From Agouron Pharmaceuticals, the makers of the protease inhibitor Viracept® (nelfinavir), comes capravirine (AG-1549). It's not clear what dose will be used, nor has it been determined how safe or effective it is. Test tube data suggest that capravirine will be at least partly effective against strains of the virus resistant to currently approved non-nucs. HIV only needs to develop a single key mutation (K103N) to become highly resistant to any of these older drugs. With capravirine, HIV must develop two or three key mutations in order to become highly resistant to the drug. More information about the effects of capravirine in clinical trials is expected soon.

From the depths of the South American rainforest comes a third non-nucleoside analogue: calanolide A. The drug is derived from an exotic plant (Callophylum) and is being developed by Sarawak MediChem Pharmaceuticals. While the exact dose of the drug has yet to be determined, it will likely need to be taken twice a day. Of particular interest to researchers is the way calanolide A works. Most non-nucs dramatically reduce viral load soon after the first dose is taken. calanolide A seems to have a delayed effect. According to one recent study, calanolide A didn't show any effect against HIV for the first two weeks of therapy. With respect to its potential use for patients already resistant to other non-nucs, test tube data suggest that calanolide A might be effective against some strains of the virus that are at least partly resistant to any of these drugs.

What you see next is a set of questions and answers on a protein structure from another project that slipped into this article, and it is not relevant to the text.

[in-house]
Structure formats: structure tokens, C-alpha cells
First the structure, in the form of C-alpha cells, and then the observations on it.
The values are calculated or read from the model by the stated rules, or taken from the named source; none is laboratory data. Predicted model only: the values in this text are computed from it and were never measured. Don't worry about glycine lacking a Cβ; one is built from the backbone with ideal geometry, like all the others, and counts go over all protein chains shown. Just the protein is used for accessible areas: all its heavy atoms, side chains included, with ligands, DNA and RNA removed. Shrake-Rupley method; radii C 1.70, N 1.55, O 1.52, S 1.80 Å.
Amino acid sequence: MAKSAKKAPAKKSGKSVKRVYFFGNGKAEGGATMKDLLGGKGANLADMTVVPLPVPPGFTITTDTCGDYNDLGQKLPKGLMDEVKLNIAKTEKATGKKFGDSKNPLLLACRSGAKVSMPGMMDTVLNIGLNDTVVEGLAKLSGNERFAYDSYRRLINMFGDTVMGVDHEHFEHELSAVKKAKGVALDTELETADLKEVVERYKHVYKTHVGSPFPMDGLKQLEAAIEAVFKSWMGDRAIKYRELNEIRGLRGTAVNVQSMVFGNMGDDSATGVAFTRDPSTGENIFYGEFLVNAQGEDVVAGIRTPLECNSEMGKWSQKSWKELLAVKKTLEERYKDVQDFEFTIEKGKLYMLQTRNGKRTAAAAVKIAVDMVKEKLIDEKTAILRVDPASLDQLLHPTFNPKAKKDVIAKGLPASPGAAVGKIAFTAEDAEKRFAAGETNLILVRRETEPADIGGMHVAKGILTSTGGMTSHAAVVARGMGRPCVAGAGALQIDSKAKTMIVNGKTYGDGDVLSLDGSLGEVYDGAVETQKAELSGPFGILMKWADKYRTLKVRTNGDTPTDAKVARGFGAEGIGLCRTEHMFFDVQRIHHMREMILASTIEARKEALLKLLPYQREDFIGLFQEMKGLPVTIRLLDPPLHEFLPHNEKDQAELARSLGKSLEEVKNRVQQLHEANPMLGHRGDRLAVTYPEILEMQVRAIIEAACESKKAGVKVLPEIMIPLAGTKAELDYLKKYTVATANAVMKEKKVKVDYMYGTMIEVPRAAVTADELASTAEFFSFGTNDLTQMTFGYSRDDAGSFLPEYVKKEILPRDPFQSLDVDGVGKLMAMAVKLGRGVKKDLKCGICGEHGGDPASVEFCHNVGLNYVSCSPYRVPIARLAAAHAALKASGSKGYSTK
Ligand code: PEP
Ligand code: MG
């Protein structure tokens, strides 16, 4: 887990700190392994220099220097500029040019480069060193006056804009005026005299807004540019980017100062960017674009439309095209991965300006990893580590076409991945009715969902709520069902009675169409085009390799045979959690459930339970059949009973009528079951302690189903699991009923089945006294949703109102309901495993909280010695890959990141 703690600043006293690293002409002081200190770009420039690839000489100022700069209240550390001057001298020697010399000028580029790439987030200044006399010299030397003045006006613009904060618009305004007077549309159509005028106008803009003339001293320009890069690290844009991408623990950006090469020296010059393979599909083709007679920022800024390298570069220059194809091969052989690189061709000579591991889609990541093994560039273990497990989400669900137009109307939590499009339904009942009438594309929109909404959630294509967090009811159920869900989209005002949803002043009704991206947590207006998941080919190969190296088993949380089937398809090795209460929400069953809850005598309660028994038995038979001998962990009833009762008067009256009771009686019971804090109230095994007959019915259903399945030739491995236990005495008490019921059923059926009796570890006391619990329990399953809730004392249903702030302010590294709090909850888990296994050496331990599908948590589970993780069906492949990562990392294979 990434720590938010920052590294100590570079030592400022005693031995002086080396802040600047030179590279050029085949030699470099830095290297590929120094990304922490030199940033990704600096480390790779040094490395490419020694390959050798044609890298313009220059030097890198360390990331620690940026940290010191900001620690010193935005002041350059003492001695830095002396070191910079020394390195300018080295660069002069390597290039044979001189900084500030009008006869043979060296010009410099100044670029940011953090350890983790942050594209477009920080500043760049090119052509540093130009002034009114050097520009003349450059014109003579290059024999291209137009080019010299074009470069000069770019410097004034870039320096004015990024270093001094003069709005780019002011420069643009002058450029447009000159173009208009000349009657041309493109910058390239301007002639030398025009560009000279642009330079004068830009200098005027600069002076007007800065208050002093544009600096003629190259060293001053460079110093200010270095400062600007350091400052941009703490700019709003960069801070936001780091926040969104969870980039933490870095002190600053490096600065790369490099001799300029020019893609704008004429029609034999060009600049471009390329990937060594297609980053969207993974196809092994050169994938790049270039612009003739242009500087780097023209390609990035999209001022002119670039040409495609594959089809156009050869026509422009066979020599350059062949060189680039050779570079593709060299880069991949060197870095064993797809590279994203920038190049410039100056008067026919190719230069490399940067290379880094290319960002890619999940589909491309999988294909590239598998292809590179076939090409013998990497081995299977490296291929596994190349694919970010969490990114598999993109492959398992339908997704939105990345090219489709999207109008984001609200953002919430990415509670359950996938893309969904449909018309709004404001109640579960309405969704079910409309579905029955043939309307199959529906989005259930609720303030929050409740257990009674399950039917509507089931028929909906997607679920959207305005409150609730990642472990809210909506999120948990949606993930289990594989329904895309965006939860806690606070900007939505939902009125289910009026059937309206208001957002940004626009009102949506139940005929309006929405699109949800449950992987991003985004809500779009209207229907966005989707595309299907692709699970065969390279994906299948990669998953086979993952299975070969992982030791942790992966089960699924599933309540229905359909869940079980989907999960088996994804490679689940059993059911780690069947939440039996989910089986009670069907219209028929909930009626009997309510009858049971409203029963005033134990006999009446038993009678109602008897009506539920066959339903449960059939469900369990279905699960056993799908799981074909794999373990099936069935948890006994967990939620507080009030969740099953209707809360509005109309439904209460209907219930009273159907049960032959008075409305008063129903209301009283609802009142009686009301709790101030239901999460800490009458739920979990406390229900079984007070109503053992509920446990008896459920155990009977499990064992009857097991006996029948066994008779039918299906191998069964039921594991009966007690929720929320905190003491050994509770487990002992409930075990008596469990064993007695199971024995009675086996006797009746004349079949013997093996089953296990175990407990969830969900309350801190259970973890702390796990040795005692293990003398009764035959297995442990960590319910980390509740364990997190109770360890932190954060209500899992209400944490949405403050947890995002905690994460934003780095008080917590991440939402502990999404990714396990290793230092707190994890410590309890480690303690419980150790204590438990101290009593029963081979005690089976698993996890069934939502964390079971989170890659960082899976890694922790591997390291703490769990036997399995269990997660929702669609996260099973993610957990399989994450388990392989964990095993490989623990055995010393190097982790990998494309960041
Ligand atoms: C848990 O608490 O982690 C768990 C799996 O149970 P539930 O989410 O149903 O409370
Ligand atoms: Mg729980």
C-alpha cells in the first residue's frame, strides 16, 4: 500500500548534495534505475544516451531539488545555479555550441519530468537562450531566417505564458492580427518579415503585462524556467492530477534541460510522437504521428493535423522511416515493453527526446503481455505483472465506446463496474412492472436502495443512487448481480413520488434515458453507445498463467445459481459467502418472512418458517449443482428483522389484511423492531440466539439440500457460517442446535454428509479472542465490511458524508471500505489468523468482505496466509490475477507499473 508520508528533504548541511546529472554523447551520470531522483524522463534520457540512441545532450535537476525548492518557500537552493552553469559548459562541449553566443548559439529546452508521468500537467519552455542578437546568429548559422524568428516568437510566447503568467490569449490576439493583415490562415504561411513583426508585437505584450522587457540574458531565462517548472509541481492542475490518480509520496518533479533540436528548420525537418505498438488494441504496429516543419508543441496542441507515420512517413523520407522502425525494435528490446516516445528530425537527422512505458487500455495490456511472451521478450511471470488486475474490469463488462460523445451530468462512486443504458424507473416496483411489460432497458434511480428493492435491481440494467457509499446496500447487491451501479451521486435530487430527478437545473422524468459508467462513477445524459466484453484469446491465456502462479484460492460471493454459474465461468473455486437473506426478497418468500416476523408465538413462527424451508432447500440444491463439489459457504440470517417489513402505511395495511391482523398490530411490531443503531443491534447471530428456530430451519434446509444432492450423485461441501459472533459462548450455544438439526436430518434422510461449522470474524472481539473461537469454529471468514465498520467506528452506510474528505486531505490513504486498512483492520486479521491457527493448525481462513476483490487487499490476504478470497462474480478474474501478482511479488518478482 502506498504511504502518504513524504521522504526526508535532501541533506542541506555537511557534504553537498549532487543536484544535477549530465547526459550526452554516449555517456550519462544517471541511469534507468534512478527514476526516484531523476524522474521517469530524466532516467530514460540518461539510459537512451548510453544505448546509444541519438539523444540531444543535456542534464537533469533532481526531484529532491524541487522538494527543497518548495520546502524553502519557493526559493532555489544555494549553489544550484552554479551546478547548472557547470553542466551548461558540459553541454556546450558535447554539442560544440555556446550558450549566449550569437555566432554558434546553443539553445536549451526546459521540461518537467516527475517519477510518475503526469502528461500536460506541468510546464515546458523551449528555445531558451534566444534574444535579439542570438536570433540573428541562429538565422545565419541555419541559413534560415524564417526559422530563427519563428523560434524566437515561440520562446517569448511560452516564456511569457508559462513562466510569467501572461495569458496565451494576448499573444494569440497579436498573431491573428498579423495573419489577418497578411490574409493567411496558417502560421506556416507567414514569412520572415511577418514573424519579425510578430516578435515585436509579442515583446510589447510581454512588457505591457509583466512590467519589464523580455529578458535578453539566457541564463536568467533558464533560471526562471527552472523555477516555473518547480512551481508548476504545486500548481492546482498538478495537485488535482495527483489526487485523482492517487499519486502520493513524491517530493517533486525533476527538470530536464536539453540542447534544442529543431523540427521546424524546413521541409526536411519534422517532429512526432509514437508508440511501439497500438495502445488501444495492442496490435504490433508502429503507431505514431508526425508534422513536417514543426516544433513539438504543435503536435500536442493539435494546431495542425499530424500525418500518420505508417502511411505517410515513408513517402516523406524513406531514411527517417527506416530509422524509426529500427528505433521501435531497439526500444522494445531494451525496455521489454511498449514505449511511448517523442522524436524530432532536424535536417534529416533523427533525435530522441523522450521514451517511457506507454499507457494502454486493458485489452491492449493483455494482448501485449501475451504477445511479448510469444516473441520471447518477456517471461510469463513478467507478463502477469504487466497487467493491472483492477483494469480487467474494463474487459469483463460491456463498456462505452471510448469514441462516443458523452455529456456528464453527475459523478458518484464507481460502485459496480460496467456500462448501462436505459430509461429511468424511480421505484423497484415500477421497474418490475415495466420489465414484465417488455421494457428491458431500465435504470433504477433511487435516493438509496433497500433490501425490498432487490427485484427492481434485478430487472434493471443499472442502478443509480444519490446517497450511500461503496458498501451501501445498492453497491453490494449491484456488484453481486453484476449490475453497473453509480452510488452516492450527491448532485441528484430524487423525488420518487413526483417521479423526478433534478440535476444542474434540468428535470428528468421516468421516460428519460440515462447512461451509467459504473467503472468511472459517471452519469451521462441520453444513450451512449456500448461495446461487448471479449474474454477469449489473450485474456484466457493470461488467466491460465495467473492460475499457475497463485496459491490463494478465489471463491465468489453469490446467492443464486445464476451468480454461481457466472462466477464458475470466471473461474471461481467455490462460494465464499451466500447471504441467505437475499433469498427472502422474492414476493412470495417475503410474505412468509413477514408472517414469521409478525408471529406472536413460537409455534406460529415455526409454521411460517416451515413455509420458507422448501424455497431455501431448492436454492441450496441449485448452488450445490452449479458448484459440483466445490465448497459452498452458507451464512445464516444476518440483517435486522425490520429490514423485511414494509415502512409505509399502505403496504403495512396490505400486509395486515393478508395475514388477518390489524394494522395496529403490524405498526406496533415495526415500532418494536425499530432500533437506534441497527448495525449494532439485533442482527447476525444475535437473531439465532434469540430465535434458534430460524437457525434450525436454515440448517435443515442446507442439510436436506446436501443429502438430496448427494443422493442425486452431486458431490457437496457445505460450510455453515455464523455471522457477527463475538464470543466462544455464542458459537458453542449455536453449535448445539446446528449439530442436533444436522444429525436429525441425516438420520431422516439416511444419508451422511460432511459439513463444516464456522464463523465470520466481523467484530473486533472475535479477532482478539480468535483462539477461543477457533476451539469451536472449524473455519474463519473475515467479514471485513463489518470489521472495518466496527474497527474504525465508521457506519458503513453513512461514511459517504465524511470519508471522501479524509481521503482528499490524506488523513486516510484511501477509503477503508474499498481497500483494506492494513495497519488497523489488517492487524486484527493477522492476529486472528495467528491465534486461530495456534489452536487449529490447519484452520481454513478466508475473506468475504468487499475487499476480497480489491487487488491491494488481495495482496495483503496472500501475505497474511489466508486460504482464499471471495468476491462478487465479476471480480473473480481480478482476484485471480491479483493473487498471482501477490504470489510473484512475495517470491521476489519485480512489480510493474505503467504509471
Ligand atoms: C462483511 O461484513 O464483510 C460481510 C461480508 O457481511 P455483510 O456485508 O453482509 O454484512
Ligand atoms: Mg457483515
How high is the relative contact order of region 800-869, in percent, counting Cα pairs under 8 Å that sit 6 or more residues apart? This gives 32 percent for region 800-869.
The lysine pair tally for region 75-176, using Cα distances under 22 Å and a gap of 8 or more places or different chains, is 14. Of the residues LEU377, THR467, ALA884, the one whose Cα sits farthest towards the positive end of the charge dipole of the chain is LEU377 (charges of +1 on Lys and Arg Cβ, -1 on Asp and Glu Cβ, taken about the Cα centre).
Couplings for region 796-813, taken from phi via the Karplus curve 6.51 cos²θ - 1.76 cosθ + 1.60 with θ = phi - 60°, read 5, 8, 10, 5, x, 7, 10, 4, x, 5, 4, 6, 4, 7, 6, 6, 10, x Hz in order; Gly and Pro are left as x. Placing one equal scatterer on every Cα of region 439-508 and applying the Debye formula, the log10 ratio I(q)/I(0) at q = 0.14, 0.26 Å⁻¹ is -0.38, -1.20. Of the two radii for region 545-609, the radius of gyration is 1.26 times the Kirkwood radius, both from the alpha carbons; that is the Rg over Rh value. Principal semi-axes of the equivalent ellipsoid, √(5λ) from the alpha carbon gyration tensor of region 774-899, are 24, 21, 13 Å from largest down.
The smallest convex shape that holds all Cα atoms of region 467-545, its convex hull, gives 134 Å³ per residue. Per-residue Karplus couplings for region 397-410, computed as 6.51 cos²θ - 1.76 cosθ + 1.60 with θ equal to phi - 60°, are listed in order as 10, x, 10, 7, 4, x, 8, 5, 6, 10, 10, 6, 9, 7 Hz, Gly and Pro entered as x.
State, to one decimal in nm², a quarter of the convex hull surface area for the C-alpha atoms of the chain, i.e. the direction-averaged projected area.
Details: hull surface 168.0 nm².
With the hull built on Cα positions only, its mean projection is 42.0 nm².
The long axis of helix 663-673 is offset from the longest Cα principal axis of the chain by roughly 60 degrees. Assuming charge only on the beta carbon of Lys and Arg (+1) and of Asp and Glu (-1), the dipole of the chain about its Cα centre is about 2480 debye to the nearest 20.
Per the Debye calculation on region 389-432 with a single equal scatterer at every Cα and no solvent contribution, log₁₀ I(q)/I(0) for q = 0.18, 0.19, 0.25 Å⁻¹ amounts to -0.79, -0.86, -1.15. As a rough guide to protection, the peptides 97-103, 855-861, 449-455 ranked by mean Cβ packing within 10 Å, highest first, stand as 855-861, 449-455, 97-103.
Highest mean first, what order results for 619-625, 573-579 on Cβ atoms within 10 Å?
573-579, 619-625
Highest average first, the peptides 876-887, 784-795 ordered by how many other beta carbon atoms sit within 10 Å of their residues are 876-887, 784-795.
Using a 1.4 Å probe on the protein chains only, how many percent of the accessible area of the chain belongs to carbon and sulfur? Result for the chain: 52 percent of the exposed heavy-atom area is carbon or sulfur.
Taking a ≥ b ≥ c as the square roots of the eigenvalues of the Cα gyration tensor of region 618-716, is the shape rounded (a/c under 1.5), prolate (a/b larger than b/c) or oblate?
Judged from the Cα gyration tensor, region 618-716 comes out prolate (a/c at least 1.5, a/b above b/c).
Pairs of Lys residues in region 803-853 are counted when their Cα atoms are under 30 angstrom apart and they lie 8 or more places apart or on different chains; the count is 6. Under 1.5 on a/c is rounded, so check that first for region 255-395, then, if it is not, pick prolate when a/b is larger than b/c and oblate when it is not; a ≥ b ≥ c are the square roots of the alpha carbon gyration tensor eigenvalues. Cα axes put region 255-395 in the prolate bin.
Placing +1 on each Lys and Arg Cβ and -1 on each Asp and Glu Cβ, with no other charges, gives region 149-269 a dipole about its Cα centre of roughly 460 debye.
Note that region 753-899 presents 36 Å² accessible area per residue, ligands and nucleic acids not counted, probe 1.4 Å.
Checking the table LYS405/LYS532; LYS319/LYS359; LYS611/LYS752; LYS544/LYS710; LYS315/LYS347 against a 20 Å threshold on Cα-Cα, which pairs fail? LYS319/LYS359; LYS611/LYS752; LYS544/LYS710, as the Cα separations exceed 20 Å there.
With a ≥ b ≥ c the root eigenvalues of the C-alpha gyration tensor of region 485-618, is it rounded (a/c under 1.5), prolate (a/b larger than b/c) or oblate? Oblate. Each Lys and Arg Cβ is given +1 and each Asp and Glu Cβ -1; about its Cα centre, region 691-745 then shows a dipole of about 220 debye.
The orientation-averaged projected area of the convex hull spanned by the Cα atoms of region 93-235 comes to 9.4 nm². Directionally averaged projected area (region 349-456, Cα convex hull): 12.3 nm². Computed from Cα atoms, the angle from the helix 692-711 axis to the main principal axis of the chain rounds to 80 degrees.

Protease Inhibitors

Abbott Laboratories' Aluviran (lopinavir), formerly known as ABT-378, is scheduled to be the next protease inhibitor to reach the FDA for its stamp of approval. The drug is currently being studied at a dose of 400 mg, taken twice-daily, and is combined with low doses of Norvir® (ritonavir) to boost the amount of Aluviran in the blood. In test tube studies, Aluviran did not appear to be very effective against strains of HIV resistant to currently available protease inhibitors. However, in humans, the amount of Aluviran in the blood is high when combined with ritonavir. This might make the drug effective for people who have tried and failed at least one protease inhibitor in the past.